Business

Women have their chips in pension 'steal' says report

Women are losing out on pensions according to a report by Aegon, ending up with half the pension of men by age of 50 due to the general gender pay gap combined with the ‘motherhood penalty’

I WAS eating in a restaurant lately, and the next table were a little girl about three and her older brother, a little boy about five. We shall call them Janet and John.

Janet became distracted, and looked away from the table for a moment, and John did what any self-respecting little boy would do: reached across the table and stole a couple of her chips.

But Janet spotted him – no dozer, this one - and complained to mum, who for the sake of a quiet life made him hand over some of his chips in return (proving that crime doesn't pay).

Then Janet, drawing up to her full height and drawing on the collected wisdom of all her three years, told her brother smugly: “If ya don't ask, ya don't git none.” Laugh? I nearly choked on my linguine.

But it does touch on a serious point, something that is relevant this week, and particularly relevant for little ladies of three and bigger ladies of 43: on average, women end up with half the pension of men by age 50.

The pensions company Aegon has just published research that shows that by age 50, women save on average £56,000 in their pension funds compared to £112,000 for men. Exactly half.

This leaves the woman aged 50 in the position that she'd have to save an extra £360 per month to catch up with her male colleague, Aegon says.

If you read this column regularly – and you should, because it takes me long enough to write it – you'll know that this gender inequality has been flagged up many times, by many different reports from many companies.

You'll also know why: a general gender pay gap where women earn less than men, combined with the ‘motherhood penalty', which breaks a mum's pensions saving for five or 10 years while she takes a career break to raise her children. Then there's a third factor: even when full-time mums return to the workforce, they are much more likely than men to take only a part-time job, which hampers their freedom to save even more.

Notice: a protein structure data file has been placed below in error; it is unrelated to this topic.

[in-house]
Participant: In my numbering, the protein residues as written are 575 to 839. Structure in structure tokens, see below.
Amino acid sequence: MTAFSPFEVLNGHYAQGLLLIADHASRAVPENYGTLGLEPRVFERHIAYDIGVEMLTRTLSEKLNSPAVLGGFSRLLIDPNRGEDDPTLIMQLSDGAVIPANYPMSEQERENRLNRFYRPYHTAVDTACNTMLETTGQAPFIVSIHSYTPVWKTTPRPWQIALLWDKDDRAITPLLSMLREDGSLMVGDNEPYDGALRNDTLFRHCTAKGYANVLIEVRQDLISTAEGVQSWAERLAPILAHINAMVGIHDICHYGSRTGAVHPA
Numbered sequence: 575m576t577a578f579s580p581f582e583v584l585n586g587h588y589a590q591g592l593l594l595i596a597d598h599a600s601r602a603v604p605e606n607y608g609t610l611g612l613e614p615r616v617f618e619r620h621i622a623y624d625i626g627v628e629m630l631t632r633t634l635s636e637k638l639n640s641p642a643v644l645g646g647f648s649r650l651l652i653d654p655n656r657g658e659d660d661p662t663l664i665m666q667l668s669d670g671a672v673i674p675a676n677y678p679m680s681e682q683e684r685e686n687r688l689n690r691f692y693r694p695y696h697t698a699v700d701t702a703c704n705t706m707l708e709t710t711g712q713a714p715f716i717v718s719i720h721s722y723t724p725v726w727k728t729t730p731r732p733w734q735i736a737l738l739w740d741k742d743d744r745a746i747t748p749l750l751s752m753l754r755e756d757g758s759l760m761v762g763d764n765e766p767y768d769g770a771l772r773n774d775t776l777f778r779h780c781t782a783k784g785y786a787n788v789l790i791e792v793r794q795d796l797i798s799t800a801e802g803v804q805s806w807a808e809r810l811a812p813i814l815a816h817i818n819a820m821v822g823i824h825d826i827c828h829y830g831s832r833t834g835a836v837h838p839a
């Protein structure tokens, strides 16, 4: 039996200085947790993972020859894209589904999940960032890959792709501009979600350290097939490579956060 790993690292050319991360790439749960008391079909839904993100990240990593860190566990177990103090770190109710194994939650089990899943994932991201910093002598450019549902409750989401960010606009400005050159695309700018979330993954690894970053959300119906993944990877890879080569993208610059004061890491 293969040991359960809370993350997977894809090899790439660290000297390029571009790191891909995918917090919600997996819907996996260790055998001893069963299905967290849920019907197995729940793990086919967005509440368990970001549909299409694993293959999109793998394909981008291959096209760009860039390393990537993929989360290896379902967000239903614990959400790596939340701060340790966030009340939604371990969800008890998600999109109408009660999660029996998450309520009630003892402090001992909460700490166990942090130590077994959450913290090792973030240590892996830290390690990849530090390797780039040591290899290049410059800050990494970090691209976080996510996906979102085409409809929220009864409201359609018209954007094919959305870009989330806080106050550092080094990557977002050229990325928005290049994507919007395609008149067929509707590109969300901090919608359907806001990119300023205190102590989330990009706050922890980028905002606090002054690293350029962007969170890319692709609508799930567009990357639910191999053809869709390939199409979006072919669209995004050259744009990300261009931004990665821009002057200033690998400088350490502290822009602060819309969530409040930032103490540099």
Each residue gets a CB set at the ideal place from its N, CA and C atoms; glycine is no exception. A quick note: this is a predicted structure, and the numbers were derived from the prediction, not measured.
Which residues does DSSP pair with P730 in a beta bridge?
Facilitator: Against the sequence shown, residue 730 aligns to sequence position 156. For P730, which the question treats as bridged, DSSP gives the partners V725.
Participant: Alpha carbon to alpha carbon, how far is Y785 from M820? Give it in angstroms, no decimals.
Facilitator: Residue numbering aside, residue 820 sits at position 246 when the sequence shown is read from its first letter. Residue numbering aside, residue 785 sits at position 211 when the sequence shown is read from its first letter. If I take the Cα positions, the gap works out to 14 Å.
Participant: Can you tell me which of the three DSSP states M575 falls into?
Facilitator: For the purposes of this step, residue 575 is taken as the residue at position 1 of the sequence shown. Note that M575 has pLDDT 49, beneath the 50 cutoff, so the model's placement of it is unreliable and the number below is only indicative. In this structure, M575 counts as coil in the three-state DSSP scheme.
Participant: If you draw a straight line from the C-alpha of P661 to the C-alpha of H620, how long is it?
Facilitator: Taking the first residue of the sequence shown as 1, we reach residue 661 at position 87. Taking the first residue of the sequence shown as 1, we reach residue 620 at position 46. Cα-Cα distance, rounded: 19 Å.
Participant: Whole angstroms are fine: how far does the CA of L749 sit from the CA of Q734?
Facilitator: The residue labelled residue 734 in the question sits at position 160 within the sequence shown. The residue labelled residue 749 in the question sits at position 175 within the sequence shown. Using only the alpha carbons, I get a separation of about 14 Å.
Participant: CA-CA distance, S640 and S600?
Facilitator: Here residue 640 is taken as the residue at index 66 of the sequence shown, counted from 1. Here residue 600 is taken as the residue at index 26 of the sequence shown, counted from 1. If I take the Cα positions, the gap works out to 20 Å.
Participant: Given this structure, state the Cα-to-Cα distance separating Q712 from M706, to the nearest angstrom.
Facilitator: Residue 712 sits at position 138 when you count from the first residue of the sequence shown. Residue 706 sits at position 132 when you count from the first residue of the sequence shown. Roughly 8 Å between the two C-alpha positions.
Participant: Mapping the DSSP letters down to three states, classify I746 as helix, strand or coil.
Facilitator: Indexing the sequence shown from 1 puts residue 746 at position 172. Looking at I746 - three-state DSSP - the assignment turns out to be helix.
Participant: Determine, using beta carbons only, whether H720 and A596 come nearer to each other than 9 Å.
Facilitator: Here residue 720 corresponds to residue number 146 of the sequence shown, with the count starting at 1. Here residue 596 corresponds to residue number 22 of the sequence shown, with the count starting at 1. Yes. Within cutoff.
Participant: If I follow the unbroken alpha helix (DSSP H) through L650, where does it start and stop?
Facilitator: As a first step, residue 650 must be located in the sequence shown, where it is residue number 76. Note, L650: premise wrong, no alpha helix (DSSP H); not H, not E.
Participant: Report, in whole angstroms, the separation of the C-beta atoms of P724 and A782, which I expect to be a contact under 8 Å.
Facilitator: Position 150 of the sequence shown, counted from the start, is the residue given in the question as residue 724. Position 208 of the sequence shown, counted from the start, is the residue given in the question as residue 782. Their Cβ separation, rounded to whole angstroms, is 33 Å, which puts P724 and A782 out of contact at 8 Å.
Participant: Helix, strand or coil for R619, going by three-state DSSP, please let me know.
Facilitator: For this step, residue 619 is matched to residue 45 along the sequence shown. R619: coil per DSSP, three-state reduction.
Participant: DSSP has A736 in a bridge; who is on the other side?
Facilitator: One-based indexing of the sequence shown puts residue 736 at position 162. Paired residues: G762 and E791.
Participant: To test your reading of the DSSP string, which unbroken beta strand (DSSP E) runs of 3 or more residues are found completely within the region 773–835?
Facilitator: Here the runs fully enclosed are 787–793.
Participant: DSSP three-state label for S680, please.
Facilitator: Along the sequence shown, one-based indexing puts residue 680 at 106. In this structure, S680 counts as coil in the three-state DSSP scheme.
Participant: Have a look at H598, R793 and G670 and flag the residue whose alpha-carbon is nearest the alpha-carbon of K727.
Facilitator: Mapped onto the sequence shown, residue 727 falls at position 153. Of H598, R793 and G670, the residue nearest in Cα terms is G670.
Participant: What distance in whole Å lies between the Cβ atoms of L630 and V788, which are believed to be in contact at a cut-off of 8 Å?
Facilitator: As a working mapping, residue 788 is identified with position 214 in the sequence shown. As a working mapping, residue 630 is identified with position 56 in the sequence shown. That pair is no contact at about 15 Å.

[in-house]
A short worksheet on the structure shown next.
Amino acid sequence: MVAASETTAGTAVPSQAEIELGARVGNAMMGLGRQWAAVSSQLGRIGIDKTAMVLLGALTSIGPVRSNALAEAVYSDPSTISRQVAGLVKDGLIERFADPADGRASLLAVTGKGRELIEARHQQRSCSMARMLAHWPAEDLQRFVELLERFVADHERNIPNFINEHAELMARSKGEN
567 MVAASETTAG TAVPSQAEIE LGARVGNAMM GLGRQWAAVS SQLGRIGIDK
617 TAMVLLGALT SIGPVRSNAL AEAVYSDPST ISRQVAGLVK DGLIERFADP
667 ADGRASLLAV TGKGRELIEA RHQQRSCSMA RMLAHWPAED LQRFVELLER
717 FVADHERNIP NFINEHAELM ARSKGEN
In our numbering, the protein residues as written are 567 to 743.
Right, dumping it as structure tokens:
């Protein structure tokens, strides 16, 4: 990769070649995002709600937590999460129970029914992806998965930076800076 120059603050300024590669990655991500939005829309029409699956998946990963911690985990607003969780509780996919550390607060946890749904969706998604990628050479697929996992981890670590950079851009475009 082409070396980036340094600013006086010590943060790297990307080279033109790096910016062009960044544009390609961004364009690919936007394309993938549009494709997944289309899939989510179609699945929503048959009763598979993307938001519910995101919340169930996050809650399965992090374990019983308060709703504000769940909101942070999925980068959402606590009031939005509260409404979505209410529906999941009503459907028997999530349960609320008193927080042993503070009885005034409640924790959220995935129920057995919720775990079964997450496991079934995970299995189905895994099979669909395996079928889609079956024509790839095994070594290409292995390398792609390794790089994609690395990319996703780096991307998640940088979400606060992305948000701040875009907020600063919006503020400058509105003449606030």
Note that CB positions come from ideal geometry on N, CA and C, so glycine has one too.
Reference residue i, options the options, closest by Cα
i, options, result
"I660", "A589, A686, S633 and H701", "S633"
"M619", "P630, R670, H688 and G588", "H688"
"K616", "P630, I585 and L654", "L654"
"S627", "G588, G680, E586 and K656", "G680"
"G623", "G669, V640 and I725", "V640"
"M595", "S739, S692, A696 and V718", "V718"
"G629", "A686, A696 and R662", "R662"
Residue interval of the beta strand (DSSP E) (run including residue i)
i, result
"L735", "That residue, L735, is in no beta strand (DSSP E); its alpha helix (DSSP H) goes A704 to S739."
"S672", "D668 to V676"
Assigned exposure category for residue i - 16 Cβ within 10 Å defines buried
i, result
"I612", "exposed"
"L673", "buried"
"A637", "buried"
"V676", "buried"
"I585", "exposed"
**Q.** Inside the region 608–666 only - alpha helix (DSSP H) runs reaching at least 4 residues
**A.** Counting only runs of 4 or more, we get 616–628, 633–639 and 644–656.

Aegon's figures seem to confirm that it's the ‘family' years from 30-40 that hit your pension hard.

For a younger woman turning 30, the average pension fund stands at around £21,000, while a man's is £27,688.

By the time she turns 40, however, having probably taken her family career break, her fund is around £38,000 while the man has streaked ahead to £56,000. And by 50, as we saw above, her £56,000 is half of his £112,000.

What can you do about this? Take advice. The research also shows that lack of information and advice is decisive in shaping the gender pensions gap.

Aegon says that more than one in four women (28 per cent) don't know how much they've saved, compared to 9 per cent of men.

Without information, there can be no planning to set a realistic savings target, that links what you are putting away now to the lifestyle you'd like to have in retirement. More than two women in five (42 per cent) have never given a thought to how much they will need. This gives them little control over when they can retire, and whether they'll run out of money when they do.

The key to planning for retirement is today – while you are still far enough out from your last working day to make changes that will really make a difference.

Advice is like Janet's chips. “If ya don't ask - ya don't git none!”

:: Michael Kennedy is an independent financial adviser and pensions specialist, and can be contacted on 028 71886005 . Further information on Facebook at “Kennedy Independent Financial Advice Ltd”

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